So my broadcast partner, Mike Bordick, shows up one day with a tome of a book easily useable for weightlifting and says he really likes this work.
That was all I needed to hear to start egging him on to join me on Hitting the Books and tell us all why he liked “The Silk Roads: A New History of the World” by Peter Frankopan, a monumental work that bends the weight of the world’s development to Asia and China.
Only thing was, I hadn’t read the book yet.
So after lugging this on planes, trains and buses, I worked my way to the end and was ready to sit Mike down and explore his reading adventure.
A couple of notes. Frankopan is an historian at Oxford University with a history of research regarding Asia. The major theme here, and there are many, is that the impact of development of the Eurasian continent on world history is understated.
The silk roads were the various trade routes in this development, routes that carried far more than silk and spices.
Along these roads came religious revolutions, empire building, global trade, massive inhumanity in the name of power and greed, and a shift to western powers.
Reviews of this work have questioned some conclusions and whether the breadth of the work is too much for one book, but there is no doubt about the knowledge of the author on the subject and the highly readable result.
From Attila the Hun to the Dark Ages to Buddhism, it’s all here, laid out in historical development terms.
Placing in context the various historical periods and players is no small accomplishment. The author does so here in some breathtaking writing.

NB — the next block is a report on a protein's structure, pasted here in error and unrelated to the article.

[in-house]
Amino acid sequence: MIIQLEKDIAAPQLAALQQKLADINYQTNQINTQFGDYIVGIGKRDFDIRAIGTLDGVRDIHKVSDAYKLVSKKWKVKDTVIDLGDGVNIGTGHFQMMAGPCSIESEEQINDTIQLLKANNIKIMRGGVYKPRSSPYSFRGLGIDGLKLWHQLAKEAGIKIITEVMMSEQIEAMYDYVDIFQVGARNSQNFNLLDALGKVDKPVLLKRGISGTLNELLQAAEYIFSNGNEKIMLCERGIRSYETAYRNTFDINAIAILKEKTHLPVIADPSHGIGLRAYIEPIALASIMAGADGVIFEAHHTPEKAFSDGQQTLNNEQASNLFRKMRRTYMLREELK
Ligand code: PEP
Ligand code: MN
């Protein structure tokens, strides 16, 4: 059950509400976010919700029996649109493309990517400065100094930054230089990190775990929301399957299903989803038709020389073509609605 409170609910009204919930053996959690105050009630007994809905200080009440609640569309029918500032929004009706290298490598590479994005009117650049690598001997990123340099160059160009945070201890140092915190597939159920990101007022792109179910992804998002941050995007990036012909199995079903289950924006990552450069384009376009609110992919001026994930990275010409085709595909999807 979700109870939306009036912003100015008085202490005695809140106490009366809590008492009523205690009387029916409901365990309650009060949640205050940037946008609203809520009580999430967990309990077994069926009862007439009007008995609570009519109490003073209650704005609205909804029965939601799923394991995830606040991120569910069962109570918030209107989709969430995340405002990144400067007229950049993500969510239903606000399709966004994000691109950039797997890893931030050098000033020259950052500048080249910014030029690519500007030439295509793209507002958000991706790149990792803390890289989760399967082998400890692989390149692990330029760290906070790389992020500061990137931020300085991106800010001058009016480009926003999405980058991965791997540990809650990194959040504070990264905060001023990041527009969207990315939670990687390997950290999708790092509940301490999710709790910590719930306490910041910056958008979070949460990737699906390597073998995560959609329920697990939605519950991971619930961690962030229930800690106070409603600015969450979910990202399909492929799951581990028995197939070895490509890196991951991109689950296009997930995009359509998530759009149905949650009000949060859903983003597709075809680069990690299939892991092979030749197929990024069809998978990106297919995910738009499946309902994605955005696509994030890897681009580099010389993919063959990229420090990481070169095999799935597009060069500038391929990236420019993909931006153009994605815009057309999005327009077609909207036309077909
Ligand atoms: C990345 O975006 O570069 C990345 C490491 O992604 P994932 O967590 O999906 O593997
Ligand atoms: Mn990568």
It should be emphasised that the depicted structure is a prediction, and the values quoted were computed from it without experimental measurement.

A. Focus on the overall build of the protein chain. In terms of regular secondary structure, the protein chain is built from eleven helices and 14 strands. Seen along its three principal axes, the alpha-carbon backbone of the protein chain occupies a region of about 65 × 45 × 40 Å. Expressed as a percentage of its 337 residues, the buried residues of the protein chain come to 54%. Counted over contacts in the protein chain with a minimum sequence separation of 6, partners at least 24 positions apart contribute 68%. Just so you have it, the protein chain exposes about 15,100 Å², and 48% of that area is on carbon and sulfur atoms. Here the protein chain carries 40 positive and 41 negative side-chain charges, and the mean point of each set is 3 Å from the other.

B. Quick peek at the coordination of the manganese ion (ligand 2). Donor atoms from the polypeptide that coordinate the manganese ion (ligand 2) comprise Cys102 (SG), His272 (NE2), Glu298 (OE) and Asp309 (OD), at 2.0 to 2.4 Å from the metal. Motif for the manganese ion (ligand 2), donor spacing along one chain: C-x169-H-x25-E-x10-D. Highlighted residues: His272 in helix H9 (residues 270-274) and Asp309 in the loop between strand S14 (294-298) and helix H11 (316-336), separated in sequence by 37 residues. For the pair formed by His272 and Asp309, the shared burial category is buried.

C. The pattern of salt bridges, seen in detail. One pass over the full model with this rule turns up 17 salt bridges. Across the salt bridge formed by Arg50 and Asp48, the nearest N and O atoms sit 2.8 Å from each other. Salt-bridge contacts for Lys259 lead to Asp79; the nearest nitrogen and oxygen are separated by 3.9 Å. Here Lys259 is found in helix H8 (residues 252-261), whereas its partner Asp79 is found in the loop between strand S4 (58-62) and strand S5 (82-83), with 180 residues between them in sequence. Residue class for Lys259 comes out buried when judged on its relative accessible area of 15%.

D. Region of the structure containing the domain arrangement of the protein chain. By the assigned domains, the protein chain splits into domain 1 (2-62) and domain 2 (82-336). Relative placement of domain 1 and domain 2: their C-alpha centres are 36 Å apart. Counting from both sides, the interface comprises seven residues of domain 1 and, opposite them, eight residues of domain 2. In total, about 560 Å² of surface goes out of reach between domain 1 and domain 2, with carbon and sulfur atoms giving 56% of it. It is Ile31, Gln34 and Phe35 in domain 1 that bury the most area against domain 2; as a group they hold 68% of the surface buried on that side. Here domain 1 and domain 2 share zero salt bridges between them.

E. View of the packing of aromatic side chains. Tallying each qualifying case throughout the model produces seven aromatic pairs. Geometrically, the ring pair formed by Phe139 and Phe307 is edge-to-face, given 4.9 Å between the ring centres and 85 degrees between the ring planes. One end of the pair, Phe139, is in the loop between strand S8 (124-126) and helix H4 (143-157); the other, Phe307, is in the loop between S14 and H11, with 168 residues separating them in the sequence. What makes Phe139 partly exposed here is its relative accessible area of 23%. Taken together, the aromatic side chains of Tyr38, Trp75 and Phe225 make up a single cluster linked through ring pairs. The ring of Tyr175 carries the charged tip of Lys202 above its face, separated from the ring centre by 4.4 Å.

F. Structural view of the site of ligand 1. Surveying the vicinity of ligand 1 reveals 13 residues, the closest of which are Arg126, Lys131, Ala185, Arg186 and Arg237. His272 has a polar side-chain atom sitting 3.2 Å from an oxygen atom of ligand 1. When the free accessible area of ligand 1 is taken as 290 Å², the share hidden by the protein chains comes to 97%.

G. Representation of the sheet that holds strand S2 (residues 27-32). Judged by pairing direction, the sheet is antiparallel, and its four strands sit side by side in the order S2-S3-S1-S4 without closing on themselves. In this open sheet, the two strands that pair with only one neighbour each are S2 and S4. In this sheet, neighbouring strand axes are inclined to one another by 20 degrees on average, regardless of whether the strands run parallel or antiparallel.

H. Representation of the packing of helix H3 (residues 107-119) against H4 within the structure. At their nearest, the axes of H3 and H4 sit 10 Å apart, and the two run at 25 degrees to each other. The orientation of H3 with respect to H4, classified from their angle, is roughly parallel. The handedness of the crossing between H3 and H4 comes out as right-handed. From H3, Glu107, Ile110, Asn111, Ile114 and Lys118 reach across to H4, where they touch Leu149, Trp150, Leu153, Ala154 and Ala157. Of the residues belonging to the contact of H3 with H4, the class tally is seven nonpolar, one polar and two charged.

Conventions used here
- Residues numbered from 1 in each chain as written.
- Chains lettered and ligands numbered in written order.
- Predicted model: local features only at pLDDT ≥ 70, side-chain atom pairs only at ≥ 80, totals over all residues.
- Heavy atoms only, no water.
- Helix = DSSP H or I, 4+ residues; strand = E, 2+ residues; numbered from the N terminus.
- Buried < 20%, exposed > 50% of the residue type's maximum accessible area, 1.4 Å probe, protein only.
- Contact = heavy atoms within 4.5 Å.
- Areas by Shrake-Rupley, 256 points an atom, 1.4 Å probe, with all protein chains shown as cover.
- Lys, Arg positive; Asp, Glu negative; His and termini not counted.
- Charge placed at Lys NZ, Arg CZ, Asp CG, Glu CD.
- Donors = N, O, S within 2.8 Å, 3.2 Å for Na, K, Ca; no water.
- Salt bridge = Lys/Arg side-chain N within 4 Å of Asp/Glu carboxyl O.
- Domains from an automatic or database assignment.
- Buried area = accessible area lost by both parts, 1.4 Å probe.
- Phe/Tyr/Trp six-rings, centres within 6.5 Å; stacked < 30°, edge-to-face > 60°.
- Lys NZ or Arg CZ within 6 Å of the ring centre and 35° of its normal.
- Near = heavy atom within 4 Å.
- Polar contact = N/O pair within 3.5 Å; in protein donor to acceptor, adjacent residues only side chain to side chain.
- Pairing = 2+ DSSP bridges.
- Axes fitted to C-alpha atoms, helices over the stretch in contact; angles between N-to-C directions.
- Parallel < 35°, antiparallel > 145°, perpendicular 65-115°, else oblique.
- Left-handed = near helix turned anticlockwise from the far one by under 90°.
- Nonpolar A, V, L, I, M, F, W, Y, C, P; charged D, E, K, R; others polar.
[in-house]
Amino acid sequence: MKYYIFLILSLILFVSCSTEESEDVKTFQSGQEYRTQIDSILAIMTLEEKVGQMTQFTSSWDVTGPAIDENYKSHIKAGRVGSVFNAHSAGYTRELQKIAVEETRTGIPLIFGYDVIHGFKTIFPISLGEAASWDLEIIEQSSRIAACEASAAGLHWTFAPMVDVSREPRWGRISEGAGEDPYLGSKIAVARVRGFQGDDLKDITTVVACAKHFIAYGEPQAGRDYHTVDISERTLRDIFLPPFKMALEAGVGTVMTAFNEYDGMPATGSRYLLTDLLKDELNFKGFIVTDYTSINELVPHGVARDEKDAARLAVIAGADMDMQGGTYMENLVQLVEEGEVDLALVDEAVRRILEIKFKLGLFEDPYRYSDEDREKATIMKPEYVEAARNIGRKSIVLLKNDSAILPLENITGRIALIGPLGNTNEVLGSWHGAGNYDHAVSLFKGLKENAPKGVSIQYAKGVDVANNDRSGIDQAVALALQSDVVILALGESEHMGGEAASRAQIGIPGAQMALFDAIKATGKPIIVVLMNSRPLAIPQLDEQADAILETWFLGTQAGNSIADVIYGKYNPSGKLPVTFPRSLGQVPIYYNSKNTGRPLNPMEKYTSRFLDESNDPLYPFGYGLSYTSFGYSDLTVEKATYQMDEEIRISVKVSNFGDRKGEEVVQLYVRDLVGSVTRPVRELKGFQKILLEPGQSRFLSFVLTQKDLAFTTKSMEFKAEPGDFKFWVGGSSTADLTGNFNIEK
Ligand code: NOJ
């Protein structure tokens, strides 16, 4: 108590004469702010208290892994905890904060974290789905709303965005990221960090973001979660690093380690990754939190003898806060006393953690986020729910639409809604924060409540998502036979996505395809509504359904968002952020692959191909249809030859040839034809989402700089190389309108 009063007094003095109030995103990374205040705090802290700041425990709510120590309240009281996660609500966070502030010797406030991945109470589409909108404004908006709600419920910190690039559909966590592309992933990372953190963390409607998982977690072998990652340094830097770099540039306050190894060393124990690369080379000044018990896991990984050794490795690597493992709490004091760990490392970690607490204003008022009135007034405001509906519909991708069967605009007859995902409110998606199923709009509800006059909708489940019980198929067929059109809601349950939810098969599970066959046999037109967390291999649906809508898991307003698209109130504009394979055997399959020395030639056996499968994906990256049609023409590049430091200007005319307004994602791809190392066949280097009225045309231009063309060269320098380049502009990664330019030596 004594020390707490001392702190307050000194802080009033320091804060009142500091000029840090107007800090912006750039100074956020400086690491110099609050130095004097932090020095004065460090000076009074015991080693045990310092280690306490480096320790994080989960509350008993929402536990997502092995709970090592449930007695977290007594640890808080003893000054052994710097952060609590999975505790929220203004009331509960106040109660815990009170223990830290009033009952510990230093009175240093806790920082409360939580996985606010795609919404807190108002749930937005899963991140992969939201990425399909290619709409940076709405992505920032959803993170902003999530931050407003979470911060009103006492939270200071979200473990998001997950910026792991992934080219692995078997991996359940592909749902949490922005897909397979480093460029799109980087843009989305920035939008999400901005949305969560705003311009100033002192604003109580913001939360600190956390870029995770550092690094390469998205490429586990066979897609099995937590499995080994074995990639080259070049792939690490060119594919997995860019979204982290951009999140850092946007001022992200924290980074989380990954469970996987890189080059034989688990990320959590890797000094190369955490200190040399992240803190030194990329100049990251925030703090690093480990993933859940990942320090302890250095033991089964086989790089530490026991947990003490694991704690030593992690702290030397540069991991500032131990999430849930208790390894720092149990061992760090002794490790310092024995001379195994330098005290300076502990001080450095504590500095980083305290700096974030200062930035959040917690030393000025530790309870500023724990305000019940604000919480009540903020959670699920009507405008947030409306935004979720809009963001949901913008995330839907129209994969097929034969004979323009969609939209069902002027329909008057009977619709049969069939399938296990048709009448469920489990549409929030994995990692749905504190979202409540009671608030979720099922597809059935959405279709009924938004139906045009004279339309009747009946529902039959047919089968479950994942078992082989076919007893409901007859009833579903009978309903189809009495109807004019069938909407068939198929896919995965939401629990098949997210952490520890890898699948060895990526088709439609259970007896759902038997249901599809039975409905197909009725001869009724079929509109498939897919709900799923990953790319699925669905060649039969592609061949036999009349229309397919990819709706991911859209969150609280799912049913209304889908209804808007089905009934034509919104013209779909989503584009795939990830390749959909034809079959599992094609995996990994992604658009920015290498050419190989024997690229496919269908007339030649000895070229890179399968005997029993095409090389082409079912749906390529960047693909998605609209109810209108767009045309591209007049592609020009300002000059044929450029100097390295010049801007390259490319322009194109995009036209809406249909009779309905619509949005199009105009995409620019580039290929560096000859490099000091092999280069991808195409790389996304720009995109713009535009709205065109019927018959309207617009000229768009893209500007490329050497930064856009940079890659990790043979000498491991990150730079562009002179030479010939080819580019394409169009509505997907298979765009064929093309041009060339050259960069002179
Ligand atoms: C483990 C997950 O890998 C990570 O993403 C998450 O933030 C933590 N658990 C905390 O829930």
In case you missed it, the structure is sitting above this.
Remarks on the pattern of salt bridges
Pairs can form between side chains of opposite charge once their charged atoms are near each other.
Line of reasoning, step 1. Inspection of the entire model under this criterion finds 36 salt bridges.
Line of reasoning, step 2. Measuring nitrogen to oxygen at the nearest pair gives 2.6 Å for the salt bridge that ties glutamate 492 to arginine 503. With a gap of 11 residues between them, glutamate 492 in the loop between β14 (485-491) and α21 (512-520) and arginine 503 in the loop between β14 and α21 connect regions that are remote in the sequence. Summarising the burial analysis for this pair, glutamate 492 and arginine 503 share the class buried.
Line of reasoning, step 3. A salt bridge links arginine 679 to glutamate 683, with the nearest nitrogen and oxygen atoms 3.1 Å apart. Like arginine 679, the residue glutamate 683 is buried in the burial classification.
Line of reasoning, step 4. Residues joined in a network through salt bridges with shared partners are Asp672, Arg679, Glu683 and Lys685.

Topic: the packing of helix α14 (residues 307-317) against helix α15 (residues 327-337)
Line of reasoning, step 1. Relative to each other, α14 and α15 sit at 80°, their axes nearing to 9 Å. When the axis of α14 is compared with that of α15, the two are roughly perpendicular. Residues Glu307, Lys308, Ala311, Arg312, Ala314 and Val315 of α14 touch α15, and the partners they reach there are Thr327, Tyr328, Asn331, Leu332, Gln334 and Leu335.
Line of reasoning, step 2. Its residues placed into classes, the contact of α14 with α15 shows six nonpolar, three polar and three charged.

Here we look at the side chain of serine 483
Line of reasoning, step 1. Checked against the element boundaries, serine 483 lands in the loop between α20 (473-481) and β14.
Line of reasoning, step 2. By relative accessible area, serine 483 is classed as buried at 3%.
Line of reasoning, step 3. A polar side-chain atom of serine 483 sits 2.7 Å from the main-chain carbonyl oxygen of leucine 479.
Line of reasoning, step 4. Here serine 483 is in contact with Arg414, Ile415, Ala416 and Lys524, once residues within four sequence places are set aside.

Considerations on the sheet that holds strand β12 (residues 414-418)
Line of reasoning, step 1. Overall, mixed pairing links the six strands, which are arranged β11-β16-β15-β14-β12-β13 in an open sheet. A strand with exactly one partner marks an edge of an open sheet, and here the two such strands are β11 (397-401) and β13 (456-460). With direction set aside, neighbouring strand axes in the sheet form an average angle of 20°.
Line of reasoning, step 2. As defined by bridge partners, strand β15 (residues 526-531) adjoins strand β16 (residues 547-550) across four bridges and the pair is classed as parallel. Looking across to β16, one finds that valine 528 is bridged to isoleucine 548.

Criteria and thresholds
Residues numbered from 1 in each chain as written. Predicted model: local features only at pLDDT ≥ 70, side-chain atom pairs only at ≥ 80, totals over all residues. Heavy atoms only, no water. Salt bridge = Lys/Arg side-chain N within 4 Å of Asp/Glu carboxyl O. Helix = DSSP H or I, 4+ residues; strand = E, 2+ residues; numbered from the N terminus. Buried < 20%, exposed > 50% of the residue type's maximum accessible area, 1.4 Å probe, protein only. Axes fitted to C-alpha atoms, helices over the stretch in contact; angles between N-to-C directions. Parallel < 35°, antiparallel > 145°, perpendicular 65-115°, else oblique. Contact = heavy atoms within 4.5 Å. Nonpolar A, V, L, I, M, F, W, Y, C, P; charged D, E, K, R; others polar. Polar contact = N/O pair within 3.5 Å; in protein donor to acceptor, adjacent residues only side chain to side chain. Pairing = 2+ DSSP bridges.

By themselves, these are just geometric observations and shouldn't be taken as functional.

The book was published in 2015.
Now, here’s Mike.
“History never really says goodbye. History says, ‘See you later.’” - Eduardo Galeano, a Uruguayan journalist, writer and novelist who died at 74 in 2015.
For those who may have missed the 2018 Pulitzer book winners, here is the list with a brief description from one reviewer, Rebecca Renner of Bookriot.com.
* 2018 Pulitzer Prize for Fiction: “Less” by Andrew Sean Greer is a satirical literary novel that follows Arthur Less, a man who has run away from his problems - and into more problems abroad.
* 2018 Pulitzer Prize for History: “The Gulf: The Making of an American Sea” by Jack E. Davis is like the biography of a place, the Gulf of Mexico. Painting a sweeping portrait from the age of conquistadors to the environmental perils of the present day.
* 2018 Pulitzer Prize for Biography: “Prairie Fires: The American Dreams of Laura Ingalls Wilder” by Caroline Fraser. Millions of readers and TV watchers know “Little House on the Prairie,” but few know the life of the series’ author, Laura Ingalls Wilder.
* 2018 Pulitzer Prize for Poetry: “Half-light: Collected Poems 1965-2016” by Frank Bidart. This collection pits misfits and monsters with the sacred and profane realities of the flesh.
* 2018 Pulitzer Prize for General Nonfiction: “Locking Up Our Own: Crime and Punishment in Black America” by James Forman Jr. lays bare the disproportionate impact policing and punishment of crime has had on black America.
Gary Thorne is the play-by-play voice of the Orioles on MASN, and the 2018 season is his 12th with the club and 33nd covering Major League Baseball. His blog will appear regularly throughout the season. The Orioles and Sarasota County, for the 7th consecutive year, have partnered on the Big League Reader Program, which rewarded kids who read three books in February with tickets to a Grapefruit League game at Ed Smith Stadium in March. 180 children participated last year.
* Hitting the Books with Gary Thorne. © Copyright 2018 Gary F. Thorne. Unauthorized use and/or duplication of this material without express and written permission from this blog’s author is strictly prohibited. Excerpts and links may be used, provided that full and clear credit is given to Gary F. Thorne and MASNsports.com with appropriate and specific direction to the original content.